The Growth Ponzi Scheme
We often forget that the American pattern of suburban development is an experiment, one that has never been tried anywhere before. We assume it is the natural order because it is what we see all around us. But our own history – let alone a tour of other parts of the world – reveals a different reality. Across cultures, over thousands of years, people have traditionally built places scaled to the individual. It is only the last two generations that we have scaled places to the automobile.
How is our experiment working?
At Strong Towns, the nonprofit, nonpartisan organization I cofounded in 2009, we are most interested in understanding the intersection between local finance and land use. How does the design of our places impact their financial success or failure?
What we have found is that the underlying financing mechanisms of the suburban era – our post-World War II pattern of development – operates like a classic Ponzi scheme, with ever-increasing rates of growth necessary to sustain long-term liabilities.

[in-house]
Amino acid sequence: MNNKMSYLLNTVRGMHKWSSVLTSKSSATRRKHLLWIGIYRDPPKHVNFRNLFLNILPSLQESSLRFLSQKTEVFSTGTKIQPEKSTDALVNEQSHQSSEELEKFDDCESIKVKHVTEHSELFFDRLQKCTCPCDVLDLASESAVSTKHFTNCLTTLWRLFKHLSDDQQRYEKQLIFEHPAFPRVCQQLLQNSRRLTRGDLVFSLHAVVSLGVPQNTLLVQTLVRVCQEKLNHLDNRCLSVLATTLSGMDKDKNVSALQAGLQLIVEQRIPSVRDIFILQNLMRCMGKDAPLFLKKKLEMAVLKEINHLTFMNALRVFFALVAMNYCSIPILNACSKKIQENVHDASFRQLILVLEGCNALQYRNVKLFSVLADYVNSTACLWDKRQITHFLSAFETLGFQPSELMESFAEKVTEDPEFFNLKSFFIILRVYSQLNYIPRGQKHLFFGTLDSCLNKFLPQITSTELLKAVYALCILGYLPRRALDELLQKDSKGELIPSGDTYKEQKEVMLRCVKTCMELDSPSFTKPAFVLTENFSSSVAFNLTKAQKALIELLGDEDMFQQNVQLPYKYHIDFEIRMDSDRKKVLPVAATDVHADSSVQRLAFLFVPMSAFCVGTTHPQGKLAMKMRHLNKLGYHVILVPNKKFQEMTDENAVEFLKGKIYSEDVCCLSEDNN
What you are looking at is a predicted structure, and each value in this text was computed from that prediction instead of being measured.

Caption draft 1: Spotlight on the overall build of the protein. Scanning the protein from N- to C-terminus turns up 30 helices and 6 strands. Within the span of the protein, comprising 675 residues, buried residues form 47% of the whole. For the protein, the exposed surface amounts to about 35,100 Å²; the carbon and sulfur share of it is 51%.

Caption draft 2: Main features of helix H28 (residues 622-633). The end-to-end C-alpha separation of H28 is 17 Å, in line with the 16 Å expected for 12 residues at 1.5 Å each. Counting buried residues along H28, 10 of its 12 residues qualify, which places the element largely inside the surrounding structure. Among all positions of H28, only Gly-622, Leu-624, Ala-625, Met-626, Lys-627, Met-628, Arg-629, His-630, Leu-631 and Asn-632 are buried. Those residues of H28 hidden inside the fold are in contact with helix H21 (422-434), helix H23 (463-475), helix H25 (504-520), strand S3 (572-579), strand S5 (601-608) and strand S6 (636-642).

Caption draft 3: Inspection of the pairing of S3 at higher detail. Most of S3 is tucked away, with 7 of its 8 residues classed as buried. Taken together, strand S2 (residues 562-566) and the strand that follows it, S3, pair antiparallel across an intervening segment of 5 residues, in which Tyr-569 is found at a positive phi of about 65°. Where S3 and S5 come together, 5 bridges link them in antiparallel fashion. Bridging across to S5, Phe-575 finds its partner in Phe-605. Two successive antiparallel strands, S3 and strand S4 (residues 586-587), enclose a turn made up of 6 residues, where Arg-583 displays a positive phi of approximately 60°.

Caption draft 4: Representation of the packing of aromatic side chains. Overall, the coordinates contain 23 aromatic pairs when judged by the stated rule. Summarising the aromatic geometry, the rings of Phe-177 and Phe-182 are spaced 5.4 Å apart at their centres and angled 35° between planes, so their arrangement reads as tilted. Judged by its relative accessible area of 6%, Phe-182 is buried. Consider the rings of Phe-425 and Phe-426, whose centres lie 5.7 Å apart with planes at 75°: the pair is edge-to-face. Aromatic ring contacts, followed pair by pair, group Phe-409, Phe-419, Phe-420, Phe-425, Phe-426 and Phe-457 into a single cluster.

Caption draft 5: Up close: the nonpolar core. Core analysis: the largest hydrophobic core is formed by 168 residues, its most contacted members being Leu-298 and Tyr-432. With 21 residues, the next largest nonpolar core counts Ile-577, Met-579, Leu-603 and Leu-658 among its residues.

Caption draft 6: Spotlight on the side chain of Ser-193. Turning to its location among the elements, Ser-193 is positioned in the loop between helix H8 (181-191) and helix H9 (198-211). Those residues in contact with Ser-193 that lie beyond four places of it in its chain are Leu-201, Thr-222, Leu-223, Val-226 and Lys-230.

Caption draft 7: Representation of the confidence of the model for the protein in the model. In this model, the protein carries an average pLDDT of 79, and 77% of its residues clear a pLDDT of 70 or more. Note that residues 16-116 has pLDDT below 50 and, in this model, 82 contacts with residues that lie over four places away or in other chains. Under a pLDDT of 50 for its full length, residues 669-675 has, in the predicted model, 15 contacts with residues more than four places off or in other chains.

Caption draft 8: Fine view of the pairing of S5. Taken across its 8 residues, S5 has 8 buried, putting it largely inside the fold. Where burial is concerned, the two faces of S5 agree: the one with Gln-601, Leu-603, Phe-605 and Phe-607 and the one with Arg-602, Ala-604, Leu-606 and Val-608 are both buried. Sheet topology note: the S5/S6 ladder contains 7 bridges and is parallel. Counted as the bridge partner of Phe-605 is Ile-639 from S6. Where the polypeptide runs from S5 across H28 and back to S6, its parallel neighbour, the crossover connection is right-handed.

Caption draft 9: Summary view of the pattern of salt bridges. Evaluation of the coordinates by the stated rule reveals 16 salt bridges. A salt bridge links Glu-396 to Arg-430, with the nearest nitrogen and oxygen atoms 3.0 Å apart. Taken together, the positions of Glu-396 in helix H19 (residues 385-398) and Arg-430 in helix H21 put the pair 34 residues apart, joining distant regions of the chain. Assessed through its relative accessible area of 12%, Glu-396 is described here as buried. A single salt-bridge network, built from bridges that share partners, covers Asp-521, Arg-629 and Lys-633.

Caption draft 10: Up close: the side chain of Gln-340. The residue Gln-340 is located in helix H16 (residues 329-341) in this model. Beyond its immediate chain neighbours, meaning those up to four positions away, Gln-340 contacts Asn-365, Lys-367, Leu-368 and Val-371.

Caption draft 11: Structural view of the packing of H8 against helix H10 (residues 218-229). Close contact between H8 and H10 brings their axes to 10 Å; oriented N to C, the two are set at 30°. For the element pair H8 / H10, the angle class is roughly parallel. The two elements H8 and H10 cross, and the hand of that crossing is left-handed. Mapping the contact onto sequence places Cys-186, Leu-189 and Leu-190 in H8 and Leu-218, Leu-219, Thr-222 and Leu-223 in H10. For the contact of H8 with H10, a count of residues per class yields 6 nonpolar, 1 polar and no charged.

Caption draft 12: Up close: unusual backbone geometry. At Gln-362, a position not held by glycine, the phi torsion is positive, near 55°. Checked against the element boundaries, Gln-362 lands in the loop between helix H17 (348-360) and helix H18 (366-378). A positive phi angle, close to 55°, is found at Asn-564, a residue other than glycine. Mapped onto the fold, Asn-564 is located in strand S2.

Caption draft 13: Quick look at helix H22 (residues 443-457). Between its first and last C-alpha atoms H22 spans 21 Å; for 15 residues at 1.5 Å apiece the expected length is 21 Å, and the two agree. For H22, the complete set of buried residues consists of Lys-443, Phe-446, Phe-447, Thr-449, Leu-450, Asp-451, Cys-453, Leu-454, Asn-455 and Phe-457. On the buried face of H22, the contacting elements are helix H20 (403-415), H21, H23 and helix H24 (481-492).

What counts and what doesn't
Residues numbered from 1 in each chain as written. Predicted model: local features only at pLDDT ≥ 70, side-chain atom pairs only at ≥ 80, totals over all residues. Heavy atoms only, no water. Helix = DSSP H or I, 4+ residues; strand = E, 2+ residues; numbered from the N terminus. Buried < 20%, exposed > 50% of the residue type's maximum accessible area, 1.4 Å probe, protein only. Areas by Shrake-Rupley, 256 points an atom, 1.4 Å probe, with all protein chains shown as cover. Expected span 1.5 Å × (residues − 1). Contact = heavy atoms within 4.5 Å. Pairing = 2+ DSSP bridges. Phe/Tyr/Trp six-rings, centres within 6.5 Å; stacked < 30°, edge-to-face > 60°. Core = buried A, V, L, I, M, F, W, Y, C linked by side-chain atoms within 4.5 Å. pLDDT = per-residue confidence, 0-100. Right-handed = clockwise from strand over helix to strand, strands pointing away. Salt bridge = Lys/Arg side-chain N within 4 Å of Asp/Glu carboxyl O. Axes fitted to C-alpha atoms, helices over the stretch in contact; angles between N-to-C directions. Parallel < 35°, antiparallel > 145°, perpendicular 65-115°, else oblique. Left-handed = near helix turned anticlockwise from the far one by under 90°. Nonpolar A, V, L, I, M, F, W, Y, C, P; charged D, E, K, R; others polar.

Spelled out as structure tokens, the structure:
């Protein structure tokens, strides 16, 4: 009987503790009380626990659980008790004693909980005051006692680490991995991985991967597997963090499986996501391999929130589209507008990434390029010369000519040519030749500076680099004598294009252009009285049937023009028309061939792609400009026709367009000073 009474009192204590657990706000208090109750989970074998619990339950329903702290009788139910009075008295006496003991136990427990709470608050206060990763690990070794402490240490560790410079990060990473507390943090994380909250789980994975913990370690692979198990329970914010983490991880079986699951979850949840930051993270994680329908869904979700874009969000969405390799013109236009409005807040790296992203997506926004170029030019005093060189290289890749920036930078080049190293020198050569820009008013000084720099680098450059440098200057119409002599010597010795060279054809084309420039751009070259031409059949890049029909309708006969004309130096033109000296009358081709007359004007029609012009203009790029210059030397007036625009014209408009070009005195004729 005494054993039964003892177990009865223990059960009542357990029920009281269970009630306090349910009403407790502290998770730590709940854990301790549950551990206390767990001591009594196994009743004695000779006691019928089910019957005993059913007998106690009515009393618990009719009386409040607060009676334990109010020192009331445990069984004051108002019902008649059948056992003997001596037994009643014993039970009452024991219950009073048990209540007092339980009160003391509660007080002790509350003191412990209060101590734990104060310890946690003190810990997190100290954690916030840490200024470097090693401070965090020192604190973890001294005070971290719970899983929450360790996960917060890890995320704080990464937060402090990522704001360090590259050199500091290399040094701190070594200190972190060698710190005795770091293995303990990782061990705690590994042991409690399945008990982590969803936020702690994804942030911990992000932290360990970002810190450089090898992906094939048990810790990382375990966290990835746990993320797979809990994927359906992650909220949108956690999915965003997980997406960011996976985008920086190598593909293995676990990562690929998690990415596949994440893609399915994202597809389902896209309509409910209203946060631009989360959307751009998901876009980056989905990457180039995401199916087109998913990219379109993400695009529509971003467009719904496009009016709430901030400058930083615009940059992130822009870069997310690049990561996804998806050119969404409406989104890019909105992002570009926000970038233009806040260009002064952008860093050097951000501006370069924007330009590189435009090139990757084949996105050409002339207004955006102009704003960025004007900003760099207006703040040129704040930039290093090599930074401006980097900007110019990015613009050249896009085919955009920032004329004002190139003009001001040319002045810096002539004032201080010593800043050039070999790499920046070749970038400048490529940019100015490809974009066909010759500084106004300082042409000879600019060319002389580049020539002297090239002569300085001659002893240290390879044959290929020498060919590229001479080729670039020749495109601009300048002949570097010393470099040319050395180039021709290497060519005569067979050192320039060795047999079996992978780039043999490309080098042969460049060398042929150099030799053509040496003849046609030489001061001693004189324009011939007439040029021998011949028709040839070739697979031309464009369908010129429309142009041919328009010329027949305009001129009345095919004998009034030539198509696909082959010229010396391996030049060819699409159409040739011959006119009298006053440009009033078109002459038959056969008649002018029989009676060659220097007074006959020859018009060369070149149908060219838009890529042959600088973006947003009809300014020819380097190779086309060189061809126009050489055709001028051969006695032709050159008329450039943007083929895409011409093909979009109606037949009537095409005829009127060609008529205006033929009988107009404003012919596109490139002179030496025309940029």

Since the end of World War II, our cities and towns have experienced growth using three primary mechanisms:
Transfer payments between governments: where the federal or state government makes a direct investment in growth at the local level, such as funding a water or sewer system expansion.
Transportation spending: where transportation infrastructure is used to improve access to a site that can then be developed.
Public and private-sector debt: where cities, developers, companies, and individuals take on debt as part of the development process, whether during construction or through the assumption of a mortgage.
In each of these mechanisms, the local unit of government benefits from the enhanced revenues associated with new growth. But it also typically assumes the long-term liability for maintaining the new infrastructure. This exchange – a near-term cash advantage for a long-term financial obligation – is one element of a Ponzi scheme.
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Current World Population
Net Growth During Your Visit